Behavioural Problem in Kids : The “Y” of Screen Addiction in Kids
Behavioural Problem in Kids: Claims that technology has opened the doors for kids to digital learning and has encouraged its use in a constructive manner, that it has helped families and in fact, nations to come closer to each other is all proving to be a big farce. It is true that with the use of electronic media like smartphones and tablets along with internet is one of the best sources of entertainment and learning for kids today, but too much exposure or unlimited screen time is proving to be harmful for the young minds and body. It’s addictive and impacts the brain development in not so good ways.
However a very valid question that pops up is who is to be blamed for such addiction. Is it the parents and their ignorance that is leading to an all time high screen times of kids and adults alike or is it the army of neuroscientists, social and behavioural experts, psychology and technology wizards who are working day in and day out to make it more compelling and addictive to us. Is the whole system just consists of what all technology can do or are there people knitting it all back in, from the consumer behaviours that they capture on screen. Are the social, behavioural & psychological studies that have thus far been used to help in mental behavioural disorders and getting respite to the distressed are now being used to create drug like addiction to games, apps and technological advancements for business profits.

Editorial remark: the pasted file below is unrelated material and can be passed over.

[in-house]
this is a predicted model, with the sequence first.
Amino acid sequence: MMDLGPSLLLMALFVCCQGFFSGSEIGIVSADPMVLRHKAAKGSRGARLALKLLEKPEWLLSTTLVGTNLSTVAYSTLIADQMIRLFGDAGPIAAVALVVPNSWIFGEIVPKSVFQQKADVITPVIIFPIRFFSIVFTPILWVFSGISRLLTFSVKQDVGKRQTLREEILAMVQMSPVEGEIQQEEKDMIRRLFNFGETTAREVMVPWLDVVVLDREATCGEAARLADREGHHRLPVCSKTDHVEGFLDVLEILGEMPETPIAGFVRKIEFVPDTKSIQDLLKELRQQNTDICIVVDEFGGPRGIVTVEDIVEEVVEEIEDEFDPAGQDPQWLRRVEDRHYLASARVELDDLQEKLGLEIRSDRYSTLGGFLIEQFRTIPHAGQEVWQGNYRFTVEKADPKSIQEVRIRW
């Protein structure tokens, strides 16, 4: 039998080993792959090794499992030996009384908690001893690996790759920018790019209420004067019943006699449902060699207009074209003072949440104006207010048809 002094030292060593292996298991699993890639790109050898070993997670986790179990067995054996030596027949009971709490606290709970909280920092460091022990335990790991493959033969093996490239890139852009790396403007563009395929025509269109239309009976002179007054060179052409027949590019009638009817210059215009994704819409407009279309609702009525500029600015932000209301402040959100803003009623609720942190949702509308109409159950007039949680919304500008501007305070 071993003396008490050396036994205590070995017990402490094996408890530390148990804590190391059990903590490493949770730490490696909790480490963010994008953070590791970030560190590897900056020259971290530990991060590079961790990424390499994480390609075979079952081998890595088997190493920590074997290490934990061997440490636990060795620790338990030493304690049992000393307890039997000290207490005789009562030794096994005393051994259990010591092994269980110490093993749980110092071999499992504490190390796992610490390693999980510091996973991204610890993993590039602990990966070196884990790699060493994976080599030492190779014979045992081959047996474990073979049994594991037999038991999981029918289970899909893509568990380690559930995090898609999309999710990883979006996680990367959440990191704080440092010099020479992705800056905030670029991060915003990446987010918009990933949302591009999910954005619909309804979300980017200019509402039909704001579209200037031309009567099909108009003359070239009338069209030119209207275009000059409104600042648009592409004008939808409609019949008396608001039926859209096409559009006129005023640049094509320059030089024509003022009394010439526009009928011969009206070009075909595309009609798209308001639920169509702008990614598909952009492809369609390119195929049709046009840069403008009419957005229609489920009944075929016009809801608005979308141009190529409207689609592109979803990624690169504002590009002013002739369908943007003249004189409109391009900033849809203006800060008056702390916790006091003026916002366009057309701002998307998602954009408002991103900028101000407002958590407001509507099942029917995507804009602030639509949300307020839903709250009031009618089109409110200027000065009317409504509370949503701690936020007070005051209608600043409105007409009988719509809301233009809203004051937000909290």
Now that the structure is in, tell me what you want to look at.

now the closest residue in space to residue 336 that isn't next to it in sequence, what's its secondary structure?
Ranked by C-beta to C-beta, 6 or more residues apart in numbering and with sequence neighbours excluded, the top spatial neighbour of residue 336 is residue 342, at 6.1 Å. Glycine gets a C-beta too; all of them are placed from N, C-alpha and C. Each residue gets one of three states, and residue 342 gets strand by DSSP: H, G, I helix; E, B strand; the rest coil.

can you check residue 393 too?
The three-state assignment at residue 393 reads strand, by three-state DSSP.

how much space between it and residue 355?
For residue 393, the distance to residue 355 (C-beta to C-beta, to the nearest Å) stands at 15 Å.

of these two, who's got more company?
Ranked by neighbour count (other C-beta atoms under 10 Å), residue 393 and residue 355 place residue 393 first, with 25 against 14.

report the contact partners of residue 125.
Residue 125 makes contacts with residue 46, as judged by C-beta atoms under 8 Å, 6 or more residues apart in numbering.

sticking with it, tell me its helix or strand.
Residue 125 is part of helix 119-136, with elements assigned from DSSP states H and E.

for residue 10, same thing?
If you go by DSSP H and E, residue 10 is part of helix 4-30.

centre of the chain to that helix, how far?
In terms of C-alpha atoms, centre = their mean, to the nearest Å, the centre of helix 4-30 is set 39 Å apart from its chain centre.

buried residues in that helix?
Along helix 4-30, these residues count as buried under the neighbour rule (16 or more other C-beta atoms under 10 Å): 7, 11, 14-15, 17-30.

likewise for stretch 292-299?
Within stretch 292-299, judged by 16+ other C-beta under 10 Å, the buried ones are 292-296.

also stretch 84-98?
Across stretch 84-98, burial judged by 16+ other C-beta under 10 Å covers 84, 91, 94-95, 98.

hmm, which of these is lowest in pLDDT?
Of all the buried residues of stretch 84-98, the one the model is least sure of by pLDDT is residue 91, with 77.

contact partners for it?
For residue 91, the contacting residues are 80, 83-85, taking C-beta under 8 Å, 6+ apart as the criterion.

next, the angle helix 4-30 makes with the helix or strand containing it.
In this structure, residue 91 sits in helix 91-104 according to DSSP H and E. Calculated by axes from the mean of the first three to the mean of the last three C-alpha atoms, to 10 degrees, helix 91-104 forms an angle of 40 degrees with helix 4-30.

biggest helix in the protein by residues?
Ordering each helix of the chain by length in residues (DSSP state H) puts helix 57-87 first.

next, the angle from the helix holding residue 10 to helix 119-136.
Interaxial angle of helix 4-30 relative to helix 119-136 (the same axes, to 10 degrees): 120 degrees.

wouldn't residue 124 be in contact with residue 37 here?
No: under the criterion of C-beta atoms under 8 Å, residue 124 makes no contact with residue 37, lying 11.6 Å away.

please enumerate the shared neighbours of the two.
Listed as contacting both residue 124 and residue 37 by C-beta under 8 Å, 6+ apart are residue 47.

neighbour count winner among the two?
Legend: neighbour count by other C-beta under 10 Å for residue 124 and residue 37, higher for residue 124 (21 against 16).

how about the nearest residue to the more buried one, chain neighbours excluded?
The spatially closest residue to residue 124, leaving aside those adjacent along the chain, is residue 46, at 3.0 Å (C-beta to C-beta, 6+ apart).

Whatever forces are behind our increased dependence on screens, one fact is well established that the whole gamut of devices everywhere around us is taking us to an unhealthy plain. For kids, it is all the more alarming because they are impacted by this addiction at a stage where their brain is still developing and hence it has a deeper and more arming effect on these young minds.
Today’s parents are indeed the first generation of parents that need to know how to handle this challenge – strike the right balance between reasonable screen time and limiting it.
Key behavioural problem in kids due to increased screen-time
- With children glued to the digital screen, their attachment levels with their parents and siblings are getting terribly dipped. Digital media here is creating a relationship gap between the child and his immediate educators and the most important elements of his well-being – his parents and family. Infants and toddlers learn and grow through touch, tone of the voice and visuals of his parents, elder siblings, caretakers, grandparents etc. But when he is exposed to the digital screen, the human actions and reactions are being replaced by the screen and hence his attachment with objects grows rather than people around. Which is why, as he grows, it becomes his natural habit to ignore calls from his parent; half of the time he doesn’t respond to people around. He also doesn’t know any other means to occupy himself or play with any other existing object or person. Even during conversations, he would be disengaged. The exchange of formal and informal knowledge and information from the parent to the child automatically gets hampered. Development of moral values, discipline, and common sense; the zeal to be part of a social interaction, picking up adult social skills; and the eagerness for a face-to-face dialogue, a person-to-person behaviour and relationship, attention span – all take a backseat.